Life of Riley (a J!-ENT Blu-ray Disc Review)

April 22, 2015 by  


I absolutely found the film to be entertaining and fun, but also enjoyed the changes of the characters through the course of the film and its vibrant set and fantastic acting.  A film of pure exuberance and thoroughly entertaining, Alain Resnais’ final film, “Life of Riley” is recommended!

Images courtesy of © 2014 Kino Lorber. All Rights Reserved.

TITLE: Life of Riley


DURATION: 108 Minutes

BLU-RAY DISC INFORMATION: 1080p High Definition, 2:55:1 Aspect Ratio, French 5.1 DTS-HD Master Audio with optional English Subtitles

COMPANY: Kino Lorber


Release Date: March 10, 2015

Directed by Alain Resnais

Play by Alan Ayckbourn

Dialogue by Jean-Marie Besset

Adaptation by Laurent Herbiet/Alain Resnais

Produced by Jean-Louis Livi

Executive Producer: Christophe Jeauffroy

Music by Mark Snow

Cinematography by Dominique Bouilleret

Edited by Herve de Luze

Production Design by Jacques Saulnier

Costume Design by Jackie Budin


Sabine Azema as Kathryn

Hippolyte Girardot as Colin

Caroline Sihol as Tamara

Michel Vuillermoz as Jack

Sandrine Kiberlain as Monica

Andre Dussollier as Simeon

Alba Gaia Kraghede Bellugi as Tilly

Life of Riley (Aimer, boire et chanter) is the joyous, life-affirming final film by French New Wave legend Alain Resnais (Last Year at Marienbad).
Resnais’ third adaptation of an Alan Ayckbourn play (after Smoking/No Smoking and Private Fears in Public Places), Life of Riley circles around the absent George Riley, who has been diagnosed with terminal cancer. Three couples react to the news with various degrees of emotion. The women are each separately invited to a seaside resort by Riley, and hidden resentments and insecurities in each relationship bubble to the surface, causing a re-evaluation of each couple’s love.
Life of Riley features an exuberant cast of Sabine Azéma, Hippolyte Girardot, Caroline Silhol, Michel Vuillermoz, Sandrine Kiberlain and André Dussollier. Resnais shoots the film on artificial-looking sets, setting off actors against cross-hatched backgrounds as if inside of a candy-colored comic strip. The film is a beautifully realized, improbably upbeat confrontation with mortality, and a fitting capstone to a monumental career.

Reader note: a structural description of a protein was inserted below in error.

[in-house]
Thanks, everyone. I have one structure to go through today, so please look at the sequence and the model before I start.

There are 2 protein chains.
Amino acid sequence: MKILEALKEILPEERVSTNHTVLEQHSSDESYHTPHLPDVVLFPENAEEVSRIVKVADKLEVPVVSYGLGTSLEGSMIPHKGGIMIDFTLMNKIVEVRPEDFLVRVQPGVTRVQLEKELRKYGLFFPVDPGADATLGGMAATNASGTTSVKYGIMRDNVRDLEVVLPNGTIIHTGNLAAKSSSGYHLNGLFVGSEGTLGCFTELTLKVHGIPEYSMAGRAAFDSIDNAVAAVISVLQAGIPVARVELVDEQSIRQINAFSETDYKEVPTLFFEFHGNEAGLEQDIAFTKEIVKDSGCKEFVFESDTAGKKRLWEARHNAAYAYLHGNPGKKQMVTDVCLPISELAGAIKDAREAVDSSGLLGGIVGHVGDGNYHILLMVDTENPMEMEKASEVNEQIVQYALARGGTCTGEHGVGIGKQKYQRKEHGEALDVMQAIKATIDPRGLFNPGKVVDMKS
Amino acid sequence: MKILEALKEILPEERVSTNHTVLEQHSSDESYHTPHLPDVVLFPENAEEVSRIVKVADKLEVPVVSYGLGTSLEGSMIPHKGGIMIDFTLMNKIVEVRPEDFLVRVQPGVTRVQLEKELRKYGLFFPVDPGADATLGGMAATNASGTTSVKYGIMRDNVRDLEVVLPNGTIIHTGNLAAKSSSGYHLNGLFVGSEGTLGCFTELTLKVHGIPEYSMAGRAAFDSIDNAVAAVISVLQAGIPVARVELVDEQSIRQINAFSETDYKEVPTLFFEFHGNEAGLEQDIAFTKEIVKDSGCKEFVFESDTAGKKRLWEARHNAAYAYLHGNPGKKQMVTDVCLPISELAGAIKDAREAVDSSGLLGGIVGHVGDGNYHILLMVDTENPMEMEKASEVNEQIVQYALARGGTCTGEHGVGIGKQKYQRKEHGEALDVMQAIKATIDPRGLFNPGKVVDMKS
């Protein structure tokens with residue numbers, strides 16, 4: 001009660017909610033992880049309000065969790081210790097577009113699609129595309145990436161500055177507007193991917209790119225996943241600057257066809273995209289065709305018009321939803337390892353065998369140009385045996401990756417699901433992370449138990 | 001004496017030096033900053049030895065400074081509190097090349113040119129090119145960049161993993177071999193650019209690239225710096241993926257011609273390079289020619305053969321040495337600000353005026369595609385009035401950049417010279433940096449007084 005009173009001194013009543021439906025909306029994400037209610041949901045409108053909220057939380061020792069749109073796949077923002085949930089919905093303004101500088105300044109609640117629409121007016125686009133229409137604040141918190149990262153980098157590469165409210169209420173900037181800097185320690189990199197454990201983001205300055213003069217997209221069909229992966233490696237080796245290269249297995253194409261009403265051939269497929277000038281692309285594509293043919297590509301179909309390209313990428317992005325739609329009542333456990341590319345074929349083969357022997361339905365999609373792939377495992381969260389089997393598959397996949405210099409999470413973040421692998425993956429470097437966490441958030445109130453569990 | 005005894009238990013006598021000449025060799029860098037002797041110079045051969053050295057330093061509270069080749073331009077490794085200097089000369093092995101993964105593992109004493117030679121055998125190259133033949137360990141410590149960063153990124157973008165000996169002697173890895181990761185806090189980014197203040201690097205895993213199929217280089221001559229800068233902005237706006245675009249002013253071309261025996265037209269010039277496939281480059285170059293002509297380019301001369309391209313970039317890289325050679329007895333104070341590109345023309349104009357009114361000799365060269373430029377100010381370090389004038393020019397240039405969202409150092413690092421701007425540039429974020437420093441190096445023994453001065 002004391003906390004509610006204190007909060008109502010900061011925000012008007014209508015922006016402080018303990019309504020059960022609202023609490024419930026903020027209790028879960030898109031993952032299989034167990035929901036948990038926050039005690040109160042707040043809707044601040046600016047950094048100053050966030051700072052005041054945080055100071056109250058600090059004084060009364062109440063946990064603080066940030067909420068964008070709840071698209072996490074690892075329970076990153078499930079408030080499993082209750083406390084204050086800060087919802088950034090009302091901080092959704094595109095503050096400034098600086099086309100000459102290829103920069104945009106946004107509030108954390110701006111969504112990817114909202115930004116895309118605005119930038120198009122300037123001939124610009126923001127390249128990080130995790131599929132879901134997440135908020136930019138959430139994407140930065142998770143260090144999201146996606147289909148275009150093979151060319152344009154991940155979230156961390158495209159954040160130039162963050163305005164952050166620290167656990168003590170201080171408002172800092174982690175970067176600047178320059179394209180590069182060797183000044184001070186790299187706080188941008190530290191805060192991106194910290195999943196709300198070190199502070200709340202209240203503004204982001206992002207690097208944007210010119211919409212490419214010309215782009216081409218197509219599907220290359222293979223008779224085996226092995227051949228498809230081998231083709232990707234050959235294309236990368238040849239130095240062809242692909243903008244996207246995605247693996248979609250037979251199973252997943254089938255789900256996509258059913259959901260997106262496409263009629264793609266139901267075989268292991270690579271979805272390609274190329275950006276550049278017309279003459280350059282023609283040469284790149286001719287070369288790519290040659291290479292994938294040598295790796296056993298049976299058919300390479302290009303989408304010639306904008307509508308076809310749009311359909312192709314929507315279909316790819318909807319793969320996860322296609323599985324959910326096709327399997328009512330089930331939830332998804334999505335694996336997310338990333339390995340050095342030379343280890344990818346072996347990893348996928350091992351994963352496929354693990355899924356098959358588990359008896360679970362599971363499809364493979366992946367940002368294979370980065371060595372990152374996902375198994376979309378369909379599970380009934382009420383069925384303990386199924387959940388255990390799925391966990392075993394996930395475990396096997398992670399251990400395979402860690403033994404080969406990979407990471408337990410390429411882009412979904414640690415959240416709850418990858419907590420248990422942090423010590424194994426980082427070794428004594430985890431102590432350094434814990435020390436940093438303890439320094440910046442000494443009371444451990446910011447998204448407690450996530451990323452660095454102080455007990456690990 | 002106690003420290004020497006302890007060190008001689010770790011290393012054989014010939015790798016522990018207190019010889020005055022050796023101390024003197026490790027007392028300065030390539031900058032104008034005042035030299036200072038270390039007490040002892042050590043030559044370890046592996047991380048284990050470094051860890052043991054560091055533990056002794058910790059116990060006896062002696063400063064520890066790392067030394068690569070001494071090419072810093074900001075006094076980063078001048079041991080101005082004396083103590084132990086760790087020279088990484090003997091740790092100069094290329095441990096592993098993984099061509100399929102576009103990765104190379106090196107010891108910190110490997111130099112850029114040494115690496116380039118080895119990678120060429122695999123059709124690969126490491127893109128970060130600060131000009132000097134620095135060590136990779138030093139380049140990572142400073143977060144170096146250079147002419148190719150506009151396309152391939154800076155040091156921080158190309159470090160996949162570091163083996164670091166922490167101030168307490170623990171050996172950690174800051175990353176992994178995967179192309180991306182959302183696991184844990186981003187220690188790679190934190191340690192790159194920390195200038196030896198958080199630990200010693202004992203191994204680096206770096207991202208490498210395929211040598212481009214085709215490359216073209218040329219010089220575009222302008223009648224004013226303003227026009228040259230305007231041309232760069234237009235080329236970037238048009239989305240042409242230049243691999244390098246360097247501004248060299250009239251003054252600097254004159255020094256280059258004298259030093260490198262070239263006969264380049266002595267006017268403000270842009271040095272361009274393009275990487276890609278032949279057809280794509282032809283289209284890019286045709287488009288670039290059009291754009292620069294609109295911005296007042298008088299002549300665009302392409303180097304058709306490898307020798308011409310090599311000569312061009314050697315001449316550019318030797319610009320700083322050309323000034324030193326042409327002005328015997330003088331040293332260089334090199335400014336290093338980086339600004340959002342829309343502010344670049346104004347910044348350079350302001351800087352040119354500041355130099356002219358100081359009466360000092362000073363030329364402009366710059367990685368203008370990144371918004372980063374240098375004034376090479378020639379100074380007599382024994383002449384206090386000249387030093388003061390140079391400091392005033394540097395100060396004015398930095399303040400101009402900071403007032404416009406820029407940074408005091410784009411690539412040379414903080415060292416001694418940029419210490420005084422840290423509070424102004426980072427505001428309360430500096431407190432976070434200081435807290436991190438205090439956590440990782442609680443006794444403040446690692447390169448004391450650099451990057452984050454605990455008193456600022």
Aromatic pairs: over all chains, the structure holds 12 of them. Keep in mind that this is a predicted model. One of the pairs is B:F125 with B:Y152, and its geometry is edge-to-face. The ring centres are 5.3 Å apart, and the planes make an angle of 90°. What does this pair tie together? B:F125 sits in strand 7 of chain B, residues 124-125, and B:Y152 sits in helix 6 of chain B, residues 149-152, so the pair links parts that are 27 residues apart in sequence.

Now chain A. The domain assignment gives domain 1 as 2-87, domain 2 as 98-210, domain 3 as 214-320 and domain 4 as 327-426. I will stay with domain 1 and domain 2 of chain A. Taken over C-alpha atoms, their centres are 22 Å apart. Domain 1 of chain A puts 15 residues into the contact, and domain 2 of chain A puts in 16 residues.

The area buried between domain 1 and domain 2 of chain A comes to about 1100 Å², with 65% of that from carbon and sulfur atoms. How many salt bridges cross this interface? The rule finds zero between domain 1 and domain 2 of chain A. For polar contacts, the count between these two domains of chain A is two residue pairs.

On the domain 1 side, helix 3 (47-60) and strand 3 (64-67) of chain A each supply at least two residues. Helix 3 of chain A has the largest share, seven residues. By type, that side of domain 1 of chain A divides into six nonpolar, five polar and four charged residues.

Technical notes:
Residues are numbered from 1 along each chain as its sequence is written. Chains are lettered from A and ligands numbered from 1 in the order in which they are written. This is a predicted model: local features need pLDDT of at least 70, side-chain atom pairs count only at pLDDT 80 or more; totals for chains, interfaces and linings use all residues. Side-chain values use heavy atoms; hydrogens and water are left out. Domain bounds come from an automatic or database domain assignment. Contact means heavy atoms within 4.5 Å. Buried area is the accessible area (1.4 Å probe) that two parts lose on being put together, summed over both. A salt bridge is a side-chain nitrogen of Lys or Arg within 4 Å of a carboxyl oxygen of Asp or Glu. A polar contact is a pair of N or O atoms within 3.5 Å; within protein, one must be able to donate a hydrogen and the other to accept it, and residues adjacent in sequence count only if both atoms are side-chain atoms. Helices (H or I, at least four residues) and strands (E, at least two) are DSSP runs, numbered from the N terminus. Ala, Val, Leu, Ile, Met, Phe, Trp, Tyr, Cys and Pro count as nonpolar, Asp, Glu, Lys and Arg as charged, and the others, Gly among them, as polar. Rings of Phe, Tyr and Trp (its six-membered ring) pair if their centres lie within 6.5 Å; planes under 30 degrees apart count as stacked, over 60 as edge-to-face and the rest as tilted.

Alain Resnais, the French filmmaker has earned the respect of filmmakers, critics and cineaste with films such as “Hiroshima Mon Amour”, “Last Year at Marienbad”, “Muriel” and “My American Uncle”, including his short film “Night and Fog”.

Working for nearly 60-years in cinema, with the last films in his oeuvre, Resnais would create films that revolved around cinema and theater.

In 2014, Alain Resnais adapted Alan Ayckbourn’s 2010 play (his third adaptation of Ayckbourn’s work), “Life of Riley” which premiered at the 64th Berlin International Film Festival and won a Alfred Bauer Prize.

While preparing another adaptation based on the 2013 play “Arrivals & Departures” and weeks after the film’s premiere, the great filmmaker passed away at the age of 91.

And now “Life of Riley” will be released on Blu-ray in April 2014.

“Life of Riley” is set in Yorkshire and focuses on three couples.  Kathryn (portrayed by Sabine Azema) and Colin (portrayed by Hippolyte Girardot) are thespians, Tamara (portrayed by Caroline Silhol) and Jack (portrayed by Michel Vuillermoz)…a couple trying to raise their teenage daughter Tilly and Monica (portrayed by Sandrine Kiberlain) and Simeon (portrayed by Andre Dussollier)… Monica is the former wife of George Riley who left him to be with a wealthy farmer, Simeon.

The couples receive word that their friend George Riley is fatally ill and has a few months to live.  They grieve about their good friend, try to help him and get him involved in their amateur dramatic group but as they work on their rehearsals, their past history start to affect them.

But when George invites each of the wives to accompany him on a final holiday in Tenerife, each of the women want to accompany him, but their husbands are torn by it and don’t agree.